Sam Shalabi
Osama
Alien8
2003
F

writing a negative record review is one of the most uncomfortable and unnatural exercises I put myself through. When you love an album, you’re allowed to say whatever you want, no matter how ridiculous, and nobody complains. The people who agree with you appreciate someone hailing an album they also enjoy, the label who puts the record out is happy and even the people who disagree with you have little to bitch about because in a positive record review, you more often than not outline every little aspect of the album that makes you love it, thereby making a strong, legitimate claim for your new current fave. Negative reviews, on the other hand, have to be critical, they have to be constructive, they have to make sense, and that’s total bullshit. When I talk to my friends about music I hate, I don’t give thought one to how my opinions will affect them. But here, or at any other music site, you have to make sure that you don’t tarnish the site’s credibility, with its readers and/or its potential sponsors/promo suppliers.


For example, some friends and I went out to see Broken Social Scene last Thursday. They were pretty boring, but the band that opened up for them, Stars, were so shitty that they almost ruined music for me. We had a fantastic time bashing them, laughing our asses off as we tried to describe them -- Velocity Girl meets B-52s, Belle and Sebastian meets Tragically Hip, R.E.M. meets Tears for Fears -- because that’s what usually happens with bad music: it brings people together as much as great music does. So why does that fun -- that honesty -- so often get excised from music reviews? If an album sucks, is totally worthless, then why should I or any other reviewer be expected to give an even handed assessment when in actuality we probably couldn’t even sit through the album enough times to give it a critique?


Such is the case with Sam Shalabi’s new aberration, Osama, not only the worst album Shalabi’s recorded, but perhaps the worst album Alien8 has released. Shalabi’s middle eastern roots have often led to hypnotic, ethnic undertones in his music, and in the current political climate, the ideas of middle eastern artists should be a bracing, ultra-real alternative to those of Bruce Springsteen and Steve Earle (those fucks). Unfortunately, Osama is a complete piece of shit, a lazy, messy disaster whose musical and political ideas aren’t just unfinished, but unchallenging, uninteresting and unlistenable. Shalabi comes off as an opportunistic asshole exploiting his ethinicity and his ties to a respected label to give this clumsy muck an air of legitimacy. His middle eastern perspective and Alien8 packaging might be enough to make people listen once, but any subsequent listening will be purely accidental.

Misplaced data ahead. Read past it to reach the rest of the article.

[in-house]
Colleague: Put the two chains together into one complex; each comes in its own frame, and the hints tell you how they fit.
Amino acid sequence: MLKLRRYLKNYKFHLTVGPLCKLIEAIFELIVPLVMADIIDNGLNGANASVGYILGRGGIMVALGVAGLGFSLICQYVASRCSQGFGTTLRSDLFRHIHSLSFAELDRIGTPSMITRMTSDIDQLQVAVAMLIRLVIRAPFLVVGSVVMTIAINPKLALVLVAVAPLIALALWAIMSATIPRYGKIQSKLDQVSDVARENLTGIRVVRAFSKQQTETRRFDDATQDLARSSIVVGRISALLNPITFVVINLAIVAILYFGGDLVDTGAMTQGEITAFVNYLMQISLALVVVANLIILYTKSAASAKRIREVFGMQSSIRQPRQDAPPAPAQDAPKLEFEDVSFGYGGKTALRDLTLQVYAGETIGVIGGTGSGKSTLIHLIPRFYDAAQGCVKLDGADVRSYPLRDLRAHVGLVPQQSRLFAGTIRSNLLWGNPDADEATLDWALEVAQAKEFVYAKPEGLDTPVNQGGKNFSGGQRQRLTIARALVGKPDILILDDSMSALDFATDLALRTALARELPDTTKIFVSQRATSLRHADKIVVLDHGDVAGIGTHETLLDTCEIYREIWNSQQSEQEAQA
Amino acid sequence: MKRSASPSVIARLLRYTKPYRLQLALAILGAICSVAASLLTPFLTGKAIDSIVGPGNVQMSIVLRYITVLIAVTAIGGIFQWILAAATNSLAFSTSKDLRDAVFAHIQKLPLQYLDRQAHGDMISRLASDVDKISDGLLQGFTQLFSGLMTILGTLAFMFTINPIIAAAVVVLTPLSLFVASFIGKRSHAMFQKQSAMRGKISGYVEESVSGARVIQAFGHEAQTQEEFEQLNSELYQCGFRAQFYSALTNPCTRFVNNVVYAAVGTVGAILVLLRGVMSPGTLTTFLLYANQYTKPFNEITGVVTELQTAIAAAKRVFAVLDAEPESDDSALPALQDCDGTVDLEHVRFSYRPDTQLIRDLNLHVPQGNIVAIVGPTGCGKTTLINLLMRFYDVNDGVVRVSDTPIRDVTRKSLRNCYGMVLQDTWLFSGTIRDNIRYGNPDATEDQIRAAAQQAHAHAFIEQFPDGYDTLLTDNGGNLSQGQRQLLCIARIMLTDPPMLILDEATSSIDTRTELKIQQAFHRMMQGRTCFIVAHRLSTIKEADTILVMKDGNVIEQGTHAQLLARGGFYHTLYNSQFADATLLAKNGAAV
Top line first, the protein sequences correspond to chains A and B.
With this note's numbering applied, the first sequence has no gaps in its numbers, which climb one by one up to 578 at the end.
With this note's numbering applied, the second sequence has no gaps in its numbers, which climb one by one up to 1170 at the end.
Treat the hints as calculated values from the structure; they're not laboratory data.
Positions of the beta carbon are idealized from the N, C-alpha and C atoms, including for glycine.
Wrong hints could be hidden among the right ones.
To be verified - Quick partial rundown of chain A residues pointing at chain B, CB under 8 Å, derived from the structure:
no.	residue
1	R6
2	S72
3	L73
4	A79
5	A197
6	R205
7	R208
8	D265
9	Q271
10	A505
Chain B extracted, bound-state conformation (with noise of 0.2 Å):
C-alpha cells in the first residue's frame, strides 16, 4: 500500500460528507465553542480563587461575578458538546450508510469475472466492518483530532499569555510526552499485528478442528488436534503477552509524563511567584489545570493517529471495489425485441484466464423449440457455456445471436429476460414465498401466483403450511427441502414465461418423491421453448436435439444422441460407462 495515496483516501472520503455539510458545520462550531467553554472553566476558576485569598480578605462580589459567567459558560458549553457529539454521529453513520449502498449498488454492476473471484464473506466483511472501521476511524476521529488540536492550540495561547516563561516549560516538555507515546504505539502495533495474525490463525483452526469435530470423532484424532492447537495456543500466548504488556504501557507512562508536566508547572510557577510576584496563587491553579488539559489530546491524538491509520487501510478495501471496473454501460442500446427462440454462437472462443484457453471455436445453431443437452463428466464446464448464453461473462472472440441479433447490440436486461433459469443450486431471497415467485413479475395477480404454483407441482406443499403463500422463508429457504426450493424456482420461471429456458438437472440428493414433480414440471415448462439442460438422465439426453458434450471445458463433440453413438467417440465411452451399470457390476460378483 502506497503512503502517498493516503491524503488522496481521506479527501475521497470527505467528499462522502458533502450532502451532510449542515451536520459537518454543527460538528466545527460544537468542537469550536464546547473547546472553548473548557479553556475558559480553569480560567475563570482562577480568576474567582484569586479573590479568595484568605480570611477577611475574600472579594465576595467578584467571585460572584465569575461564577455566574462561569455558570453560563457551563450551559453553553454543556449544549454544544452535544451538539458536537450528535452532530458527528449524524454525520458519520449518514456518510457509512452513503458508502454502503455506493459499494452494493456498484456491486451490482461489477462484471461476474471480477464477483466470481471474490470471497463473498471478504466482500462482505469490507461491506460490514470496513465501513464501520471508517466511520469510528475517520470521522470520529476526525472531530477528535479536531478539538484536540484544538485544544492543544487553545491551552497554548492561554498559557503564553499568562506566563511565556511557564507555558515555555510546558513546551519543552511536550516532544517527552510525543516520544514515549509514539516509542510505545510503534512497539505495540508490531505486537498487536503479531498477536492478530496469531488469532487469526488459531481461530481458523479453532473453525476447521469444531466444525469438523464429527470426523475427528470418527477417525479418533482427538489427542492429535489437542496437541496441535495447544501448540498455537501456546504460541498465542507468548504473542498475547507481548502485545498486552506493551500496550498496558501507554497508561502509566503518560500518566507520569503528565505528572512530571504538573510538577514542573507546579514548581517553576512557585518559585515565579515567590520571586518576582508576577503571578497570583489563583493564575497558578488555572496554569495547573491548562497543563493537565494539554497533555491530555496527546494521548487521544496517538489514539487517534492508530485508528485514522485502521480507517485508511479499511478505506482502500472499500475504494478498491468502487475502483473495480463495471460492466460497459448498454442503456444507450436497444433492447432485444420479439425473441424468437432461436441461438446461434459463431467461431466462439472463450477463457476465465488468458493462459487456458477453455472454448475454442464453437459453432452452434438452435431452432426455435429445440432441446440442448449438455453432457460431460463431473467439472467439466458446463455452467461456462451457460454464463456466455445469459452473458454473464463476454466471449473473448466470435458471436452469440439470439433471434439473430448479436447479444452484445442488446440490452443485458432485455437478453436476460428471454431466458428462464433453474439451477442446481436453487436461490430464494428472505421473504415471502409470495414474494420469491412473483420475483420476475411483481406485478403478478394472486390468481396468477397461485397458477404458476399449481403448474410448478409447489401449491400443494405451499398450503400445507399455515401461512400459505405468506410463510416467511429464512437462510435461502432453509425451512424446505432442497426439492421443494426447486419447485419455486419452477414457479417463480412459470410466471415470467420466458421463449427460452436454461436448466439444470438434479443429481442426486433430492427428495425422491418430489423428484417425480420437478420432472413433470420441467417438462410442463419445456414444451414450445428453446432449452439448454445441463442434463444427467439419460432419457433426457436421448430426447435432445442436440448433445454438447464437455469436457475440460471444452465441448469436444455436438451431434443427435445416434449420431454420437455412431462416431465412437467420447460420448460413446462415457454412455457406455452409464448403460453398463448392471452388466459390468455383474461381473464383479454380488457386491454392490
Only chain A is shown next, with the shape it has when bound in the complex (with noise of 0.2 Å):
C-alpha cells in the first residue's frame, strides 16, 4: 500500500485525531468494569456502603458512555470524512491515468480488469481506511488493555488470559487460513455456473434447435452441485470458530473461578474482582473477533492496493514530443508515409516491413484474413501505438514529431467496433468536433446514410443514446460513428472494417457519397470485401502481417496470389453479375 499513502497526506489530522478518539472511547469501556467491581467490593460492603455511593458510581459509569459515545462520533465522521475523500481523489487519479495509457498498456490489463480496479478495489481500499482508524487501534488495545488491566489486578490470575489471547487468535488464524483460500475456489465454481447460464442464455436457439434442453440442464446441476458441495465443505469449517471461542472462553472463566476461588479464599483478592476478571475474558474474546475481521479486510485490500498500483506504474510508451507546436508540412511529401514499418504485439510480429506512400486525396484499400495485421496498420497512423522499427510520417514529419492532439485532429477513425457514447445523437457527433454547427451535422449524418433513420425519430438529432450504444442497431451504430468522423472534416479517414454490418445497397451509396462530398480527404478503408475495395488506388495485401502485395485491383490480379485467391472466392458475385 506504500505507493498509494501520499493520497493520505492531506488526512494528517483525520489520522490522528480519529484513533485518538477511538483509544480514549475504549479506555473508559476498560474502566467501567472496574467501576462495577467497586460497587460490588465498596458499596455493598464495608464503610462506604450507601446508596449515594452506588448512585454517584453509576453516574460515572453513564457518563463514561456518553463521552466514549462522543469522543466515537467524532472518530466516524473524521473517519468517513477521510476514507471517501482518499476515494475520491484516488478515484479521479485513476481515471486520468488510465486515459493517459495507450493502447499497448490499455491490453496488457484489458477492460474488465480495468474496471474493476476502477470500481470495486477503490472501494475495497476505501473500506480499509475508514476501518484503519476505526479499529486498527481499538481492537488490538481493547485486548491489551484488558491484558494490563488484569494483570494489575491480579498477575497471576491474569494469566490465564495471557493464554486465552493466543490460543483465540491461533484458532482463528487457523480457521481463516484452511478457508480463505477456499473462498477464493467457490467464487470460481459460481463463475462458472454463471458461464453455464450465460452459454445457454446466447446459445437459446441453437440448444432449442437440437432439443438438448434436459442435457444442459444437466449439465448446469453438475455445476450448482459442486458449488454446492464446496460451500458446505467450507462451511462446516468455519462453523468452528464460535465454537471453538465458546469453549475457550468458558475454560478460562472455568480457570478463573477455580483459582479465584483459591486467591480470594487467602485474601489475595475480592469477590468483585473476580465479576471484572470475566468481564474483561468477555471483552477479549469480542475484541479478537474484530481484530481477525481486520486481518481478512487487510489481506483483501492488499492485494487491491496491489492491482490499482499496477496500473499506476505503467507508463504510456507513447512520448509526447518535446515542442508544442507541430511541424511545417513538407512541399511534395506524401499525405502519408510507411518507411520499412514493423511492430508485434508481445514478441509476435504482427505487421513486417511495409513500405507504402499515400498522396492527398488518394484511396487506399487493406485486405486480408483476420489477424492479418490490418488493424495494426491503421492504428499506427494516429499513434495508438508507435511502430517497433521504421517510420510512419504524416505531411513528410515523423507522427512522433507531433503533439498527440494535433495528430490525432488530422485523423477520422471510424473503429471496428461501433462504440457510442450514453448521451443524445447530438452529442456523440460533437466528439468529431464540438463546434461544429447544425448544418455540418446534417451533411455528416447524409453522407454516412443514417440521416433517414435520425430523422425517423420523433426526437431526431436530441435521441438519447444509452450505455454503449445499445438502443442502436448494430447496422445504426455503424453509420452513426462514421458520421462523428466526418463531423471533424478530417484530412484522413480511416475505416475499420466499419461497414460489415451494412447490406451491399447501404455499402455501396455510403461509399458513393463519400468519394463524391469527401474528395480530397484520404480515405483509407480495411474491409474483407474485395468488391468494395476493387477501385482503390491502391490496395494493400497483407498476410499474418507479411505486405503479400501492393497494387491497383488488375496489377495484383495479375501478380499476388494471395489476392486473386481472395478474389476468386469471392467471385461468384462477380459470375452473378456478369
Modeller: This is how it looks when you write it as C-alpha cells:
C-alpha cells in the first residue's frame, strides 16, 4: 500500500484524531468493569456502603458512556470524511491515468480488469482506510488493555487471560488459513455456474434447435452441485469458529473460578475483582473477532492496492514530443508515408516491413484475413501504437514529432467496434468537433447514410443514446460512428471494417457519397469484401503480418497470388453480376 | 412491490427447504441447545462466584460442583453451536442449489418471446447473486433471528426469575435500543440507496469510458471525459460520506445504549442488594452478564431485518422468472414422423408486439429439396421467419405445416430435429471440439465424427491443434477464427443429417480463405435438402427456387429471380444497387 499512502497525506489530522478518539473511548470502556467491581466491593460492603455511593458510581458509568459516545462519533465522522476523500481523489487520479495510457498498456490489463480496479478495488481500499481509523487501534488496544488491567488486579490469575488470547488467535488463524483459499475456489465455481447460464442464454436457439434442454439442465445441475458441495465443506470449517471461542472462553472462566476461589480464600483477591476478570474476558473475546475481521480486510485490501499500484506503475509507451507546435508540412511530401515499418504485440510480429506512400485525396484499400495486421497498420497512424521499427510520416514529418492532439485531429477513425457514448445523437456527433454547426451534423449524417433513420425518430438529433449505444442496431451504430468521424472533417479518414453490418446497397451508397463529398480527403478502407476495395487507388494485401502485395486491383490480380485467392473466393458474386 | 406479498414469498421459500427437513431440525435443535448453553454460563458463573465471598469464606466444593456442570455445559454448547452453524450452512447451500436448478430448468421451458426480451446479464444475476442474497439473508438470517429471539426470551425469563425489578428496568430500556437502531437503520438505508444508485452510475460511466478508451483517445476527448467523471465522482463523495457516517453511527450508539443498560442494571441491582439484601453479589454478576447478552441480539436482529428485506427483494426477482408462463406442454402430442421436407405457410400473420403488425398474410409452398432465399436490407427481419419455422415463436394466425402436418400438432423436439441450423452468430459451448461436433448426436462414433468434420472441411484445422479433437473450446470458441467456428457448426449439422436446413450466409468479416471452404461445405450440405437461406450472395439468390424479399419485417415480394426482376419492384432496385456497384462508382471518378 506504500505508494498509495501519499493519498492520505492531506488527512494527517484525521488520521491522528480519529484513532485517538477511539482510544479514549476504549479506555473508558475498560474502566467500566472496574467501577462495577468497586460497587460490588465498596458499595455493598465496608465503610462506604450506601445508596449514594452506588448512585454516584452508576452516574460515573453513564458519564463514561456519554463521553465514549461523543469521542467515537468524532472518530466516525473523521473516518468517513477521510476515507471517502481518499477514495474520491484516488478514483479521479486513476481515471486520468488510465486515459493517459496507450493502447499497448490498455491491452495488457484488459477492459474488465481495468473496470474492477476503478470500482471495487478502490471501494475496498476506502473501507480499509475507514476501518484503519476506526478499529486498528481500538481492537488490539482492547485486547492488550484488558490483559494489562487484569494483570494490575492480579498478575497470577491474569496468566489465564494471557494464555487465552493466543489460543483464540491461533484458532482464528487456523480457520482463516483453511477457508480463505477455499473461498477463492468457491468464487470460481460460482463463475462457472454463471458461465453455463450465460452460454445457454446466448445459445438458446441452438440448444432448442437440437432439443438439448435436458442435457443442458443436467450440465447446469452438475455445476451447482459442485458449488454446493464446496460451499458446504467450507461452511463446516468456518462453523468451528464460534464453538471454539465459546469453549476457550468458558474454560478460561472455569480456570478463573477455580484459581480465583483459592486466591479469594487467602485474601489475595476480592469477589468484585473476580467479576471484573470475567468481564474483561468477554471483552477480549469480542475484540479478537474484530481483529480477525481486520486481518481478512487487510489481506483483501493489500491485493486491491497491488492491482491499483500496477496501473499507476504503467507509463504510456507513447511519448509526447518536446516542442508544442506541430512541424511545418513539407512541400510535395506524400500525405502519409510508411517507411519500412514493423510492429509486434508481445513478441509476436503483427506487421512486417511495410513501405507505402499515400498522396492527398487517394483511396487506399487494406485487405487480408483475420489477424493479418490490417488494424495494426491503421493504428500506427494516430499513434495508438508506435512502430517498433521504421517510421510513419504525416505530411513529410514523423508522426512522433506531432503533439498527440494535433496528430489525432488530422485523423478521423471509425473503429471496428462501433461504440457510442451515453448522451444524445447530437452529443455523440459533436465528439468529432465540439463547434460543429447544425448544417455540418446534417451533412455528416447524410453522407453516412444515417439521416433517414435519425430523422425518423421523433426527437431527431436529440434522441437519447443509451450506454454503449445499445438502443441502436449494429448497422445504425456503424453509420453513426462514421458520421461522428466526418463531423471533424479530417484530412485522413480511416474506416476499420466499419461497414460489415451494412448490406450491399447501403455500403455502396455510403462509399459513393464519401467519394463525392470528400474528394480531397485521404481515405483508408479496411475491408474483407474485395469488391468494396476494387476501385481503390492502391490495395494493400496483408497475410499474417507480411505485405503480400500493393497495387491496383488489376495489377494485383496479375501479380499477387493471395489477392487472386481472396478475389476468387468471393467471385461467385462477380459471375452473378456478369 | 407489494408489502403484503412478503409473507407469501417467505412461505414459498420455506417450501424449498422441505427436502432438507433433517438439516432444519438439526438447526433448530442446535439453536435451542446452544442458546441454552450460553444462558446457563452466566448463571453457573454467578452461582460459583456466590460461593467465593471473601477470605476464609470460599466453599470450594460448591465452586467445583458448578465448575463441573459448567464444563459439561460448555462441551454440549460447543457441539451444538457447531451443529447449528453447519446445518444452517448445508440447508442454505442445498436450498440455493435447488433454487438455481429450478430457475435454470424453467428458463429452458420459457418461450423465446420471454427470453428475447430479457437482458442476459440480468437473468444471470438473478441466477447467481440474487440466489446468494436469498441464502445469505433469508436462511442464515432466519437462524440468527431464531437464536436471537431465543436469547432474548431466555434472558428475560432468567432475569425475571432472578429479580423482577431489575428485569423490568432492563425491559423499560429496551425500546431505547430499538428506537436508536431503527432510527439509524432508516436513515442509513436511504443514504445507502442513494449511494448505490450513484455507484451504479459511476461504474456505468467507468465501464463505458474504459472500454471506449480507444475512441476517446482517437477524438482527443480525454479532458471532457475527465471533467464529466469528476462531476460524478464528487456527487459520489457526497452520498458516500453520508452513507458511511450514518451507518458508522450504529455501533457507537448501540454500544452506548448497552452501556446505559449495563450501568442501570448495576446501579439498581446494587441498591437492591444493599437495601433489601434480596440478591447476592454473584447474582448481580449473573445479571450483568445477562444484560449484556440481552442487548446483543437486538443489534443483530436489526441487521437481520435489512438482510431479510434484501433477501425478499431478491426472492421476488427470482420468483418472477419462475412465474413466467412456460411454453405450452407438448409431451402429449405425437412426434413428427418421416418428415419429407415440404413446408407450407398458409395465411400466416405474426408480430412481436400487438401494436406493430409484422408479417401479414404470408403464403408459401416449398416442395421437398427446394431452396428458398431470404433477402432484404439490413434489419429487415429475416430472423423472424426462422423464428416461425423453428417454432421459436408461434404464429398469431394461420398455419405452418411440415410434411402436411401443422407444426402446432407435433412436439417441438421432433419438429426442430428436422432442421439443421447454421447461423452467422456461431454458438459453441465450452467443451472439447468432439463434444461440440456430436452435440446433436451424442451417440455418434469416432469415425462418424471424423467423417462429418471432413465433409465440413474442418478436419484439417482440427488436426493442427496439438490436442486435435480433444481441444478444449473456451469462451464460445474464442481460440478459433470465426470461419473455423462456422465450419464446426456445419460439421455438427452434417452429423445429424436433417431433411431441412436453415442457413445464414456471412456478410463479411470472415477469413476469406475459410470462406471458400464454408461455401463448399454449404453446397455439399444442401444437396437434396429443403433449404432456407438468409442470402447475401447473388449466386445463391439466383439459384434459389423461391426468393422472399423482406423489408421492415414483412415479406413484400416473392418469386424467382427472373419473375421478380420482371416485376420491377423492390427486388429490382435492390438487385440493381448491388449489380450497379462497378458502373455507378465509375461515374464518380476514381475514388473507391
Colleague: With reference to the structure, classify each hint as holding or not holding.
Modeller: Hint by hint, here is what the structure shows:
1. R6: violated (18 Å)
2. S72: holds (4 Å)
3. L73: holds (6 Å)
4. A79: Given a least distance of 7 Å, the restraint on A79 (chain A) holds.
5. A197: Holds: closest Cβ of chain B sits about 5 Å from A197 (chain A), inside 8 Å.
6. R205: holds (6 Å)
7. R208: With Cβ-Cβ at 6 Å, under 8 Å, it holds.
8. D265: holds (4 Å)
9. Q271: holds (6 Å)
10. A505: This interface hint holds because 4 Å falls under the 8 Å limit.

Once you’re past the vague psychedelic noise of “The Wherewithall” -- a transition marked by Gene Simmons-esque “ooh yeah”’s, Osama becomes one toilet splash after another. Badly recorded, generic Stooges jams pop up all over the album. Spoken word pieces comprised of tedious stories, lifeless, fake conversations and tired activist rhetoric I can hear every Saturday at peace rallies down by the South Saskatchewan River dominate three of the five songs, with most of the dialogue being backed up with lazy, dissonant strings and DI guitar noise. There is joyless folk and raga-rock that sounds like Cornershop covering Ace Frehley. There’s tone deaf Mercury Rev and 15 minutes of rattling, percussive noise. Osama is not avant; it’s fucking garbage.


Where are the good qualities that I should also make mention of, the “It’s not all bad, though”’s? There aren’t any. No record I’ve reviewed thus far for Stylus has made me want to cry out “FUCK YOU” as much as Osama. (That could be due to the fact that I’ve never received a promo disc, thereby forcing me to review nothing but albums I’ve already purchased.) I’m not necessarily saying it to Sam Shalabi -- even though he deserves to hear it from somebody -- but to bad music and the notion that bad music deserves the same respectful, journalistic treatment that good music often receives. It doesn’t, and what’s more, it never has.


Reviewed by: Clay Jarvis
Reviewed on: 2003-09-01
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